Dealing with co-workers who say something offensive can be really messy. In most cases, your gut might be telling you to respond in a completely different way than the career-minded part of your brain. It’s a seriously iffy position to get out of without what feels like compromising some of your values somehow, yet it happens so often.
So, what do you do? Should you ignore the comments that make you uncomfortable—that you might, if a grandparent or cousin said them over Thanksgiving, otherwise confront? What are the potential professional consequences of overstepping or even being seen as criticizing your colleagues?
It’s a complicated issue to deal with, and that’s why I brought in the big guns: Adrian Hopkins and Jenny Foss, two Muse Career Coaches, and Shannon Fitzgerald, the Director of HR at The Muse. They all offered their advice on how to best navigate these sticky situations.
When it comes to reacting to a problematic comment, no matter what sort of approach you plan to take, just remember to go into it with an open mind. “The first and most important thing to do is to separate the person from the problem,” says Hopkins. “Your co-worker saying something problematic is different from him or her being problematic. Making this distinction will allow you to think rationally about how to address the issue.”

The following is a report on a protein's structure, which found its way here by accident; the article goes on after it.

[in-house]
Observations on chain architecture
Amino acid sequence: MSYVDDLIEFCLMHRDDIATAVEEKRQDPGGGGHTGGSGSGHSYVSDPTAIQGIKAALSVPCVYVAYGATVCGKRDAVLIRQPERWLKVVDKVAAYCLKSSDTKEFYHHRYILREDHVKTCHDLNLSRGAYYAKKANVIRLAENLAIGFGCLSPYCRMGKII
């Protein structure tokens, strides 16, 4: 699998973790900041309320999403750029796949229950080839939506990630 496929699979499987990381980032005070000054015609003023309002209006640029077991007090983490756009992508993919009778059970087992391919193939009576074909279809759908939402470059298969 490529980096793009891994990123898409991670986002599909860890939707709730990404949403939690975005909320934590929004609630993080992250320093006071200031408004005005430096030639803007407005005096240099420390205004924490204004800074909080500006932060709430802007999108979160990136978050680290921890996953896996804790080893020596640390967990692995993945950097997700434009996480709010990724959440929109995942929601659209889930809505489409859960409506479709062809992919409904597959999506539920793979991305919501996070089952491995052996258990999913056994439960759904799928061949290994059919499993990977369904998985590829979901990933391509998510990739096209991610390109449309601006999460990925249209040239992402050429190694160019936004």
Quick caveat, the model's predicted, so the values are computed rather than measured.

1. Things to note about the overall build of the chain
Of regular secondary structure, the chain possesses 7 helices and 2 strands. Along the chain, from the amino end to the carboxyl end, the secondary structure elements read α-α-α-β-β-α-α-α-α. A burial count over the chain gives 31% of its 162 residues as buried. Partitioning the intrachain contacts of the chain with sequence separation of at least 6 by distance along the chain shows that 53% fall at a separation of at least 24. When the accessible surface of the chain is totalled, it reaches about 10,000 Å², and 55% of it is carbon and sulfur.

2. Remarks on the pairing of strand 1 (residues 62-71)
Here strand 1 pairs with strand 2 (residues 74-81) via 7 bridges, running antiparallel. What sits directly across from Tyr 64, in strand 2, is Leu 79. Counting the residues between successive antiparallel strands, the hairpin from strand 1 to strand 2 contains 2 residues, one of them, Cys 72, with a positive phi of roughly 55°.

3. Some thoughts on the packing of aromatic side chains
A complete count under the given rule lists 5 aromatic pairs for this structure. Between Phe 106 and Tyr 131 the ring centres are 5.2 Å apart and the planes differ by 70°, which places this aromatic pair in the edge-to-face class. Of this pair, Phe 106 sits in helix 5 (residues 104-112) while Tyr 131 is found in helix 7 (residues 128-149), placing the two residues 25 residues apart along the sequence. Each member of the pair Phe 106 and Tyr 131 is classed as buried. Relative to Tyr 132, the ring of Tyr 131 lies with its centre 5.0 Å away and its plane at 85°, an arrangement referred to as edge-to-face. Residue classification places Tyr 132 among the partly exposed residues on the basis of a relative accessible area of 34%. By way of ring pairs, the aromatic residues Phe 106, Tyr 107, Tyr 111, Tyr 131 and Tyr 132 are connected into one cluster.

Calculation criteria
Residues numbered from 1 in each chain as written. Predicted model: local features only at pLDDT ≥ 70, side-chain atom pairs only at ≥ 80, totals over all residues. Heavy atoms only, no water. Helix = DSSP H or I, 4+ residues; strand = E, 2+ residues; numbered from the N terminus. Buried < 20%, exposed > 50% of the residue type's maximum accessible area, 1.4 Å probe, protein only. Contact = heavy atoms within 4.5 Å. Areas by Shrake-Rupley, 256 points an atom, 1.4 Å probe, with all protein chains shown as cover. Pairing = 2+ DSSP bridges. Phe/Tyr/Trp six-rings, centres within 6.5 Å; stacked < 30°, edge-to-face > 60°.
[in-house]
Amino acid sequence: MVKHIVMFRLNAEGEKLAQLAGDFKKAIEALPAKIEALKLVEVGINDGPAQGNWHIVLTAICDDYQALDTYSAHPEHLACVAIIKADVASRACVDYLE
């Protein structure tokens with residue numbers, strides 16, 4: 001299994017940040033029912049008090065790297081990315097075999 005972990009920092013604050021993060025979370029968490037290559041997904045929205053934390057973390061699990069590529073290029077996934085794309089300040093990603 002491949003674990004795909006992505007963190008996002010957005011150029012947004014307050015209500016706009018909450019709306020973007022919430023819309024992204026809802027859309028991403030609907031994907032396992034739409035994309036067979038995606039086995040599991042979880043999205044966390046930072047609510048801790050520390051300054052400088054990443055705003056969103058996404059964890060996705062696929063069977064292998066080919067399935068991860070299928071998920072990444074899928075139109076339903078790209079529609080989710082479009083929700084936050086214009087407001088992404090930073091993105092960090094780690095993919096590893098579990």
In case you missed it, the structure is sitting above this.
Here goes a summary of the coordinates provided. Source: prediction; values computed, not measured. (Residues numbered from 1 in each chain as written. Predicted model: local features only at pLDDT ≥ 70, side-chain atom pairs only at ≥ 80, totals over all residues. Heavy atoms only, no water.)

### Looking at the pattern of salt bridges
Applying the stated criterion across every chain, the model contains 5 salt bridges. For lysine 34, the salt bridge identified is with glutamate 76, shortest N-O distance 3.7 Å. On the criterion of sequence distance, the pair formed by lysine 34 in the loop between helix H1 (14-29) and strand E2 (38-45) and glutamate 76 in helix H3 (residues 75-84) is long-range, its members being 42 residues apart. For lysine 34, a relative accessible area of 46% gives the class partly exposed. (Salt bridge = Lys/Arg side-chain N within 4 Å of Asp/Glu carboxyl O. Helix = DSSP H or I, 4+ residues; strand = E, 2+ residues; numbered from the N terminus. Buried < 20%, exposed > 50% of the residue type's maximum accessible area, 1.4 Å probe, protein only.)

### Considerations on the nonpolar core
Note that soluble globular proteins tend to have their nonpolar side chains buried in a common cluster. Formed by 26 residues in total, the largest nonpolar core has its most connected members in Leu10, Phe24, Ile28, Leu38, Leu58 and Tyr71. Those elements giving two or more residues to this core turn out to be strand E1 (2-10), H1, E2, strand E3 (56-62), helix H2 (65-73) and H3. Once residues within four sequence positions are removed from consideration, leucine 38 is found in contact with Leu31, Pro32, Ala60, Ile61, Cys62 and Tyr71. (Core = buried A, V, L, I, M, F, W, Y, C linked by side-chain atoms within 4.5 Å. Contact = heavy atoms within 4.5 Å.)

From there, you have two options: speak with him or her one-on-one, or talk to a supervisor or someone from HR about it.
Option 1: Speak With Him or Her
So, say you and your colleagues are having a light-hearted conversation at lunch. Suddenly, someone cracks a joke that sounds mean-spirited, and you can tell you’re not the only one who was rubbed the wrong way by it. The neutral thing to do in the moment is to clarify, right then and there, what that person just said. According to Foss, this is a non-threatening option that guides the person into realizing “that they said something dumb, offensive, or out of line and prompt an apology.”
Even if a comment makes you uncomfortable, it’s important to give your co-worker the benefit of the doubt—after all, you’d hope as much for yourself in the situations where you undoubtedly slip up, too. A simple You just said [insert statement]. Could you explain more specifically what you meant? should do the trick.
If that doesn’t work out, asking to talk outside the office is another option for confronting her without putting her on the spot. “Although it might be uncomfortable, ask for time with your co-worker outside of the office (for coffee, lunch, or a walk) and talk about what made the comment seem problematic,” shares Hopkins. “Because you're outside of the office, the conversation between the two of you will be frank and you may be able to reach an understanding about the issue.”
You can (almost) guarantee a “yes” to this brief meeting request by saying, “I wanted to discuss a comment you made at lunch. Do you have five minutes to grab a coffee?” This way he or she knows this isn’t a casual chat that he can say no to—and also won’t be thrown off-guard when you suddenly dive into something more serious.